Albert Herring – Opera in three acts to a libretto by Eric Crozier based on Guy de Maupassant’s story Le Rosier de Madame Husson
Lady Billows – Lucinda-Mirikata Deacon
Florence Pike – Amy J. Payne
Miss Wordsworth – Eva Gaizate
Mr Gedge – Gary Griffiths
Mr Upfold – Leonel Pinheiro
Superintendent Budd – Matthew Stiff
Sid – Matthew Sprange
Albert Herring – Thomas Herford
Nancy – Máire Flavin
Mrs Herring – Sylvie Bedouelle
Emmie – Sophie Junker
Cis – Lucy Hall
Harry – Ciara O’Connor
William Kerley – Director
Johanna Town – Lighting
Tom Rogers – Designer
Reviewed by: Nick Breckenfield
Reviewed: 9 June, 2010
Venue: Silk Street Theatre, Guildhall School of Music & Drama, London
Portraits of Queen Elizabeth II began and ended the production – to start, the classic 1970s’ photograph, framed alongside hunting-scenes on the blue wood-panelled walls of Lady Billows’s stately pile, and, to end – well, let’s come to that.
Amy J. Payne’s twin-set Florence Pike ushers in Loxford’s great and good – teacher Miss Wordsworth, vicar Mr Gedge, mayor (and butcher) Mr Upfold and Superintendent Budd. They’re here to choose the May Queen, but under Lady Billows’s strictures all the village’s possible girls have indictments against them, mostly catalogued in Pike’s notebook. What to do? What about a May King instead of a May Queen – and what about that nice, well-brought-up boy Albert Herring?
Kerley heightens the establishment stereotypes by showing how they work even in an updated setting: self-appointed do-gooders are the same in any time period, headed by Lucinda-Mirikata Deacon’s Mary Whitehouse-esque Lady Billows. I first thought we were in the 1960s, a point of view initially confirmed by the unveiling of Mrs Herring’s shop with its neatly packed shelves of Persil and Omo packets, Fairy Liquid washing-up-liquid bottles, red Oxo cube and Angel Delight packets; though there also seemed to be some Pot Noodles in a pyramid which would have to be 1980s.
Sid (Matthew Sprange) enters in a butcher’s white-coat and we first see Thomas Herford’s Albert properly (having only had a glimpse when one of Lady Billows’s pictures reveals him at the end of the first scene), shy and reserved with his lank hair and brown grocer’s overall. In-march the do-gooders to announce their largesse (£30 no less – £25 at Lady Billows’s behest, £5 in a bank account presented by the mayor) and the scene is set for Albert’s unwitting change from boy to man.
At the start of the second Act, Sid and Nancy show their true colours. I can’t have been the first to muse on the coincidence between Britten’s operatic Sid and Nancy’s names and those of Punk Rock’s ‘first couple’, Sid Vicious and Nancy Spungen, but as far as I know Kerley is the first to equate the two in a production. Preparing for the May King repast, Sid cycles-in with the meat dressed in Doc Marten boots and leather jacket with The Ramones emblazoned on the back and Nancy appears in tartan bondage trousers.
This nicely heightens the division between generations and perhaps aids context to Sid’s scurrilous lacing of Albert’s lemonade with rum which fuels the rest of the plot. There was also some nicely detailed observations, such as Matthew Stiff’s Superintendent Budd sneaking a cigarette with Sid on the bench outside the marquee, let alone Mr Gedge’s billing and cooing around Miss Wordsworth, which raised much merriment amongst certain sections of the audience (a danger in any educational establishment performance as friends of the cast share an in-joke).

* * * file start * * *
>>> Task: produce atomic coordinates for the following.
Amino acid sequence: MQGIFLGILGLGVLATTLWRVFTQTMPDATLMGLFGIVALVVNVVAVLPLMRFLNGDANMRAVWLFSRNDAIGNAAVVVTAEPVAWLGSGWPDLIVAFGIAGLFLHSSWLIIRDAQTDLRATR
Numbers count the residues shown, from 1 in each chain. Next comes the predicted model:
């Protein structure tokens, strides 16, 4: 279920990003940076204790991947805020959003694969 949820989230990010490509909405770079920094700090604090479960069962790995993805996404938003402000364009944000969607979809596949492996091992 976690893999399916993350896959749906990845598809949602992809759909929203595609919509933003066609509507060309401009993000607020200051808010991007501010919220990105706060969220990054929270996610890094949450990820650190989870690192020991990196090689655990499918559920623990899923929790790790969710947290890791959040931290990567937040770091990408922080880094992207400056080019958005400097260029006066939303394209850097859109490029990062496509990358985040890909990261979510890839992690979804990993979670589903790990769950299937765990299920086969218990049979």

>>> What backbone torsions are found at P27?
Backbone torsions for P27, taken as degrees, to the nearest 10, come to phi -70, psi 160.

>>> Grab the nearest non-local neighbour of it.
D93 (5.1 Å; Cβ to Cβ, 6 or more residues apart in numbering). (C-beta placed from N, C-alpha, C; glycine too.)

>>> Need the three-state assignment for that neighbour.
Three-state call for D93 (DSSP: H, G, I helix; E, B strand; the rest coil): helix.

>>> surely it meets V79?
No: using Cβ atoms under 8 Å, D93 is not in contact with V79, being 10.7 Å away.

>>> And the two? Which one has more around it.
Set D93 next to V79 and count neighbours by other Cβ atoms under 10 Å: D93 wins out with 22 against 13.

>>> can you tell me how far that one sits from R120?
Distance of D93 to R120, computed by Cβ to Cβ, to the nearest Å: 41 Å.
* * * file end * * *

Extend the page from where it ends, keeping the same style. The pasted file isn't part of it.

The rum in Albert’s lemonade loosens his tongue as much as his mother’s apron strings and, with £30 in his pocket, he heads off into the night for some living! Act Three sees the shell-shocked community, for once all agreed, fearing the worst and waiting for news. Britten builds up to a heartfelt nonet, into which a made-over Albert bursts in, with his punked-up hair, long leather jacket emblazoned with “God Save the May King”, DMs and an electric guitar.
The community turn its nonet of woe into anger (Britten returning to the force of the Borough’s cries of “Peter Grimes”), but Albert has sampled enough of real life to be able to brush their small-minded views aside. He struts up the stairs above the shop as the final image of Queen Elizabeth is lowered, this time with a distinctive gash taking out her eyes – as on the Sex Pistol’s single “God Save the Queen” – through which Albert stands in defiant Johnny Rotten pose.
Amidst this well-conceived production, wonderfully designed by Tom Roger, there was much to enjoy in the performances, especially in following singers through from previous Guildhall School productions; indeed five had been in Massenet’s “Chérubin”. Thomas Herford’s Albert revelled in his new-found lifestyle after his shuffling shyness and both Máire Flavin and Matthew Sprange confirmed their versatility in livewires Nancy and Sid, compared to their roles of Chérubin and The Baron last time. Sylvie Bedouelle proved that Mrs Herring, although of lower class, was just as stuck in her ways as Lady Billows, who perhaps could have been a touch more haughty in Lucinda-Mirikata Deacon’s portrayal. Overall there was a slight tendency for diction to fail in what is a detailed libretto. In the pit Clive Timms had an excellent band of thirteen musicians, only very occasionally sounding thin in the upper register of the strings.
Confirming the Guildhall School’s continuing high standards of its opera department, “Albert Herring” is definitely worth a look.
- Further performances at 7 p.m. of this double-cast production on 11, 14 & 16 June
- Guildhall School
- Guildhall School dates for your diary: 4, 6, 8 & 10 November 2010 – Spinalba (Francisco António de Almeida); 3, 5, 7 & 9 March 2011 – Dialogues des Carmélites (Poulenc); 9, 11, 13 & 15 June 2011 – Rita (Donizetti) & Iolanta (Tchaikovsky)